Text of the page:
Once the project is up and running, a conventional bank becomes willing to lend to the community at a normal, moderate rate of interest. The community borrows enough money from the conventional bank to pay back what it borrowed from the bridge financing company, which was perhaps 10% more than it actually needed. It then repays the commercial bank loan, with interest, over time.

7. Social Development Bonds

Social Development Bonds, Social Impact Bonds, or Development Impact Bonds, are a very new kind of  financial instrument.  There are four parties involved:  the investor, the implementer, the evaluator, and the donor.

Here’s how it works: the investor gives money to the implementer for a program, by buying the implementer’s social development bond. After a set period of time, an evaluator judges whether the program has been successful.  If the program has been successful, the donor pays the investor the face value of the bond, plus interest.  If it has not been successful, the donor pays nothing or some fraction of the face value of the bond, so that the lender makes a negative rate of return on the investment.

“Restoring the Sacred Bond” is a program funded by a social development bond in August 2019.  The program is run by the Manitoba Indigenous Doula Initiative and offers high-risk Indigenous mothers the support of doulas, people trained in prenatal, birth delivery, and post-natal care of mothers and infants.[8]

If the program results in babies spending 25 fewer days in foster care during their first year of life, compared to what might have been expected without the program, the program will be judged a success. Then the Manitoba government will repay the investors with interest.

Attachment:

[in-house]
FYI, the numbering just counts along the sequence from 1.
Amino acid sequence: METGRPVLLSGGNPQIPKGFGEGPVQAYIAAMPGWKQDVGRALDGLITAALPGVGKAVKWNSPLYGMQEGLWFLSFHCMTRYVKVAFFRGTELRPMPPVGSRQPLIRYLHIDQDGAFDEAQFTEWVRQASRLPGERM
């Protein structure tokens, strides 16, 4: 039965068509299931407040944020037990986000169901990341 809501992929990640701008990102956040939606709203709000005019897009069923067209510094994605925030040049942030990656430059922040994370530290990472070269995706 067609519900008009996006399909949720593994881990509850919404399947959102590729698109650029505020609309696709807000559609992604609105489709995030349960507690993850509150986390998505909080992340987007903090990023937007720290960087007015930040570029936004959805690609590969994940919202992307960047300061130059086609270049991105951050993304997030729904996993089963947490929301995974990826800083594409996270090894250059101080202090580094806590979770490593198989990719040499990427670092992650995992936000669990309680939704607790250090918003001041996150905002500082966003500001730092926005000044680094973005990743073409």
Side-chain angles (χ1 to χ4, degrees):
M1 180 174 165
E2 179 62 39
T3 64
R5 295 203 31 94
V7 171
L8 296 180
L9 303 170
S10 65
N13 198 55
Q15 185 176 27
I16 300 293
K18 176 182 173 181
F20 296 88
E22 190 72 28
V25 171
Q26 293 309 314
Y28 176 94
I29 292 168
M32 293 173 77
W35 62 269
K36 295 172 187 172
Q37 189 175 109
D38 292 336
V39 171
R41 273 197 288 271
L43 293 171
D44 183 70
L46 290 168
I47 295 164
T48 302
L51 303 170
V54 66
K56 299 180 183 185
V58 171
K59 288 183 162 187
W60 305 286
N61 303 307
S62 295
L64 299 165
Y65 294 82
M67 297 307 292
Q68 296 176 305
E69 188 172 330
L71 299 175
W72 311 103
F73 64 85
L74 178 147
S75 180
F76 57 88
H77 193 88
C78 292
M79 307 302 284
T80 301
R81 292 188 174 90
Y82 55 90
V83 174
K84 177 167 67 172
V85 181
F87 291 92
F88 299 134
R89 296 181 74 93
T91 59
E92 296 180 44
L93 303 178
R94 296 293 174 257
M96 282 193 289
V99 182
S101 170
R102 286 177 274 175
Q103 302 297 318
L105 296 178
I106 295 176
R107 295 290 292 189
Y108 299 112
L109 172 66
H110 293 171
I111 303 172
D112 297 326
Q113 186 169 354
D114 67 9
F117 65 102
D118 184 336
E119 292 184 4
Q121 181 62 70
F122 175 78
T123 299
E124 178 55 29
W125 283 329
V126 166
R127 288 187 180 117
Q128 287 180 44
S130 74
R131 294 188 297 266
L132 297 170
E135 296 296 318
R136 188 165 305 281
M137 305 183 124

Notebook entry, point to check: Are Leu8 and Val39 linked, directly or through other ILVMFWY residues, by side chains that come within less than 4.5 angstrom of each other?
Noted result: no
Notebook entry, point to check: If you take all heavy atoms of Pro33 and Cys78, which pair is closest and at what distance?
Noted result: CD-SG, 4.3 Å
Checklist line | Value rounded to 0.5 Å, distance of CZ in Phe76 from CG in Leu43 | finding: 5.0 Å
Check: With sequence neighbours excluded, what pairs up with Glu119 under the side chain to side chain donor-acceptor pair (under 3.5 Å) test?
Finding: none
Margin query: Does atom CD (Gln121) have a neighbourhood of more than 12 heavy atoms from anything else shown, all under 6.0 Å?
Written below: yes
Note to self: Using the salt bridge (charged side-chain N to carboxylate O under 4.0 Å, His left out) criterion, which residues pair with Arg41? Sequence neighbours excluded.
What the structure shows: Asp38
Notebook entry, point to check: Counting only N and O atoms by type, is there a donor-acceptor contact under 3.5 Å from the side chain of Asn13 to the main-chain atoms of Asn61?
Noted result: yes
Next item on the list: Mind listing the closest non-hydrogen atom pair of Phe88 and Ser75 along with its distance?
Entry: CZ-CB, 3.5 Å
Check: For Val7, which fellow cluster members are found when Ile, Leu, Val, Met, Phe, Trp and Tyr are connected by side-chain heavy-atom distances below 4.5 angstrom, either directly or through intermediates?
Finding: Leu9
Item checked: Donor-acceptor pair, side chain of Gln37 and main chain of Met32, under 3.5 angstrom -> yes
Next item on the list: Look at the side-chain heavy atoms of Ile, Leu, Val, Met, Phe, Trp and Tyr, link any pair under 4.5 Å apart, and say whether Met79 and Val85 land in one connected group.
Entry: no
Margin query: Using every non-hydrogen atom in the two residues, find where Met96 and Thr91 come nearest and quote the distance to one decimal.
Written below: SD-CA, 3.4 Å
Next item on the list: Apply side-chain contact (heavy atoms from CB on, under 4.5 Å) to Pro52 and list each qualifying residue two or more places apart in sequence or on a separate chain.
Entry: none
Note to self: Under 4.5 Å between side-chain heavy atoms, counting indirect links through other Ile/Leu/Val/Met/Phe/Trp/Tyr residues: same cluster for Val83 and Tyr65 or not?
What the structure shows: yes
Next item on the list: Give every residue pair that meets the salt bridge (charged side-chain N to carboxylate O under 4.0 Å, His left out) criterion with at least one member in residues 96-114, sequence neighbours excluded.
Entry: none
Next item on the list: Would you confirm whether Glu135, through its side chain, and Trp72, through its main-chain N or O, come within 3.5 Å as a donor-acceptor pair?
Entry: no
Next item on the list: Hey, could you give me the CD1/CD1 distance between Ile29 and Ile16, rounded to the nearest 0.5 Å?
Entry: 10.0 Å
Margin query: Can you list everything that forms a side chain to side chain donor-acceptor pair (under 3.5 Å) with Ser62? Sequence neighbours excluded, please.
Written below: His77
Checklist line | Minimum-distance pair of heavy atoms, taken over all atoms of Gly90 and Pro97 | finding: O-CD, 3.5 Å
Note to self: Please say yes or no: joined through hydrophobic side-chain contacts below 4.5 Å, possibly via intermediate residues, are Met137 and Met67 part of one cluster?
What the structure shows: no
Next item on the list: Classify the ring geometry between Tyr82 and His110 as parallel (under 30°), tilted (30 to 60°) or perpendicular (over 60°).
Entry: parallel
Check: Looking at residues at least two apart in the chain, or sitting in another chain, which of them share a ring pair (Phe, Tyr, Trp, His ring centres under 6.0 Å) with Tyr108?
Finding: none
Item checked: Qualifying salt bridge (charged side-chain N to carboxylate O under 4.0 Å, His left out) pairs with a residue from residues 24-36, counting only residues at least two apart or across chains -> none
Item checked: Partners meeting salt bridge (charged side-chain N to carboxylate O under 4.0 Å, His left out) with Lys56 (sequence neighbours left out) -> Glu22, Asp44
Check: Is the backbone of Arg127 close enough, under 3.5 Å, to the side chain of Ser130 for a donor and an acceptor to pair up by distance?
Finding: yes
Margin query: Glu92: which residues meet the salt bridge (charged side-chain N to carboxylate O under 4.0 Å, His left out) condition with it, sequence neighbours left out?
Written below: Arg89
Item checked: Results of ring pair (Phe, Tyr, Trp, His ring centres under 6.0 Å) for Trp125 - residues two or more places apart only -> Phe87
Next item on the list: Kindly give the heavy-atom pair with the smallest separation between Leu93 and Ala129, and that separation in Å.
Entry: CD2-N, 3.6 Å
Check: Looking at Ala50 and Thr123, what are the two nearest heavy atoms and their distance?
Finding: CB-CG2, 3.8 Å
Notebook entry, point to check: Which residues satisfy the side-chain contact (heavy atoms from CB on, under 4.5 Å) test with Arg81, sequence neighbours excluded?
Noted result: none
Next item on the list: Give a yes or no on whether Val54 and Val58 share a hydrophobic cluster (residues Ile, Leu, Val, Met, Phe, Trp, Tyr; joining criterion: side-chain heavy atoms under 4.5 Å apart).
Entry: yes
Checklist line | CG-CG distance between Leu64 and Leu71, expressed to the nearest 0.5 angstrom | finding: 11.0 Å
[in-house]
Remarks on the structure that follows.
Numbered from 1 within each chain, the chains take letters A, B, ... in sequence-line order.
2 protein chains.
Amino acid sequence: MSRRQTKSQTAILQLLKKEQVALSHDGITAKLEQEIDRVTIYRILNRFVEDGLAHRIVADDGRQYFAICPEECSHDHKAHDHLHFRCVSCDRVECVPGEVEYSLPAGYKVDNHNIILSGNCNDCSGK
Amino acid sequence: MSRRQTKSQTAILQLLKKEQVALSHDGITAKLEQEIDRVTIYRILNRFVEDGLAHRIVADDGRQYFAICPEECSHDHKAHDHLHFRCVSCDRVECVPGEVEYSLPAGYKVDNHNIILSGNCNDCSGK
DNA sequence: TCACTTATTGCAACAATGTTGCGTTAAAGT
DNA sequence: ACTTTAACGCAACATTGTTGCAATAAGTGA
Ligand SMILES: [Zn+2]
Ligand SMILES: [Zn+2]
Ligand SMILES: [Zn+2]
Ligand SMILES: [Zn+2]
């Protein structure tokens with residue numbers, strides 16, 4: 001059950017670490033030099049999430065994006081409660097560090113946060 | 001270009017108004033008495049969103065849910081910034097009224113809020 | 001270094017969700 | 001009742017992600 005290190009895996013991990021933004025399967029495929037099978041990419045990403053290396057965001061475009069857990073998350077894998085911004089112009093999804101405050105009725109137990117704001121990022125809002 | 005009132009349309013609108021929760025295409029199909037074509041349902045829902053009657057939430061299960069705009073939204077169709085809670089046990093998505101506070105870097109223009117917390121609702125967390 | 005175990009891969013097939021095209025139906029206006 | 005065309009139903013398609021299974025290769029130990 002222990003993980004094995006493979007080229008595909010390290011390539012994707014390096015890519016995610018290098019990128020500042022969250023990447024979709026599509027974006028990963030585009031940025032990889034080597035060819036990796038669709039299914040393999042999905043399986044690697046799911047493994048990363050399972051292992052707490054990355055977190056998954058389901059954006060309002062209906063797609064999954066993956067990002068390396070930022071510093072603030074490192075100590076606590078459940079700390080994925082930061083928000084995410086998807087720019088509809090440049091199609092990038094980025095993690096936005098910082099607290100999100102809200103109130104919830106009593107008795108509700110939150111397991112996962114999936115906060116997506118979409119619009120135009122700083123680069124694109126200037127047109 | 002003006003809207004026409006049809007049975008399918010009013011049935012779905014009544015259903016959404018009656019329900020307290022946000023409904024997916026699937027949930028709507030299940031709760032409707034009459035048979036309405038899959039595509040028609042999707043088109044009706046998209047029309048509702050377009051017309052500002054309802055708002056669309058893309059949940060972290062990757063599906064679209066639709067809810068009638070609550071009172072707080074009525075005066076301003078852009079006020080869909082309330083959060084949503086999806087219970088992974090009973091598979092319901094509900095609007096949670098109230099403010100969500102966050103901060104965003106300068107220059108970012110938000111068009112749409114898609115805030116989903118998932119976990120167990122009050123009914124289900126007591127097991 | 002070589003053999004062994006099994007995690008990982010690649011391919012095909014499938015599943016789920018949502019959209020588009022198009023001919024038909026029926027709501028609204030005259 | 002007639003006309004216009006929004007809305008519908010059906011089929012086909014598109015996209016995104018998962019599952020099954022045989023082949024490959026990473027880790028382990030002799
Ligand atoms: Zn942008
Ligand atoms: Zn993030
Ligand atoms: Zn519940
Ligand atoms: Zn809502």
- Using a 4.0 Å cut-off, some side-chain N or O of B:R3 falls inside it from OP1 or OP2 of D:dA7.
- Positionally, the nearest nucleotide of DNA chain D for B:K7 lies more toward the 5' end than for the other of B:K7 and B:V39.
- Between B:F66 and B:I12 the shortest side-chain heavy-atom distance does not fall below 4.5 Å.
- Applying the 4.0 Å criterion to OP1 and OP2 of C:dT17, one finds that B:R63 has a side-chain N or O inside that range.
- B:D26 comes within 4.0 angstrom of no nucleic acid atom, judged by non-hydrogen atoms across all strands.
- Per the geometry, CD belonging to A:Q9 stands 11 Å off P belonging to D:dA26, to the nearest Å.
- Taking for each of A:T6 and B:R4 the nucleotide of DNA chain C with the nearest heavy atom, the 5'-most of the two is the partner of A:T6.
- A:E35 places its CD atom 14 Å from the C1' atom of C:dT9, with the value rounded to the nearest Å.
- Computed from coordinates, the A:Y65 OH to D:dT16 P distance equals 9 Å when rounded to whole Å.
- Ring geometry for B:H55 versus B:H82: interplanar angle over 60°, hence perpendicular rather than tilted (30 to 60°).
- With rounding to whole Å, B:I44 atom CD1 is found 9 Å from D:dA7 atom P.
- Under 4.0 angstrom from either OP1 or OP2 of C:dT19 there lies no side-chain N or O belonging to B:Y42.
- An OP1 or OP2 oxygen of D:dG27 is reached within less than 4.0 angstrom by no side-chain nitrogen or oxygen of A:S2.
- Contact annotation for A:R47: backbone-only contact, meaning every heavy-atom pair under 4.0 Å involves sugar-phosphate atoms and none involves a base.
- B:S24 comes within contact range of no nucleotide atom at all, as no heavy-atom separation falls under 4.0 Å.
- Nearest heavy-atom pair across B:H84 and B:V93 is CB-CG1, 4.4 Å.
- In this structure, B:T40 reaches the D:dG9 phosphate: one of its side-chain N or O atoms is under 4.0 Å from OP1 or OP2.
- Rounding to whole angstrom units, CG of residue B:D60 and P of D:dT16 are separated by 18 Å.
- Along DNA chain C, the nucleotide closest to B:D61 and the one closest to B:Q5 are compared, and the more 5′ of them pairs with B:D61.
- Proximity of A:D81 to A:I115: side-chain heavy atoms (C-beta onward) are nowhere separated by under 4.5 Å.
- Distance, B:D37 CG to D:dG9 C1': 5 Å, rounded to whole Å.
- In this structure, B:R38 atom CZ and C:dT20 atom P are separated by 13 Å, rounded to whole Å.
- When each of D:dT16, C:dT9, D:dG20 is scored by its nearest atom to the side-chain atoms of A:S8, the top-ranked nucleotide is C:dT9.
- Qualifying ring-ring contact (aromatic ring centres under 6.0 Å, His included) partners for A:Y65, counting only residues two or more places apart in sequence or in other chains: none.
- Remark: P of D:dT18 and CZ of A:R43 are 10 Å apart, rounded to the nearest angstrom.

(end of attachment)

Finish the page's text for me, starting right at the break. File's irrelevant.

The eight investors, which include the Children’s Aid Foundation of Canada and the Winnipeg Community Foundation, together paid 2.6 million dollars for the bond. The bond was organized and marketed by the MaRS network. [9]

Another example is a bond issued by Raven Capital Partners in Vancouver. In 2021, Raven Capital Partners was looking for investors willing to buy this bond, which finances diabetes reductions in six First Nations communities. The federal government was offering to pay a return of 5-9 percent, depending on results.

One advantage of social development bonds is that the implementer can access funding without having its work micromanaged by the donor, which is often a government agency.  The implementer is free to innovate to meet the program objectives.  The donor, meanwhile, is protected from having to pay for a program that is unsuccessful.

8. Microfinance

Microfinance is the provision of banking services to marginalized communities. In recent decades, a new wave of lending in developing countries using something called “Solidarity Lending” has become synonymous with Microfinance. Dr. Muhammad Yunus and the Grameen (“Village”) Bank he founded in Bangladesh were awarded a Nobel Peace Prize for their Solidarity Lending.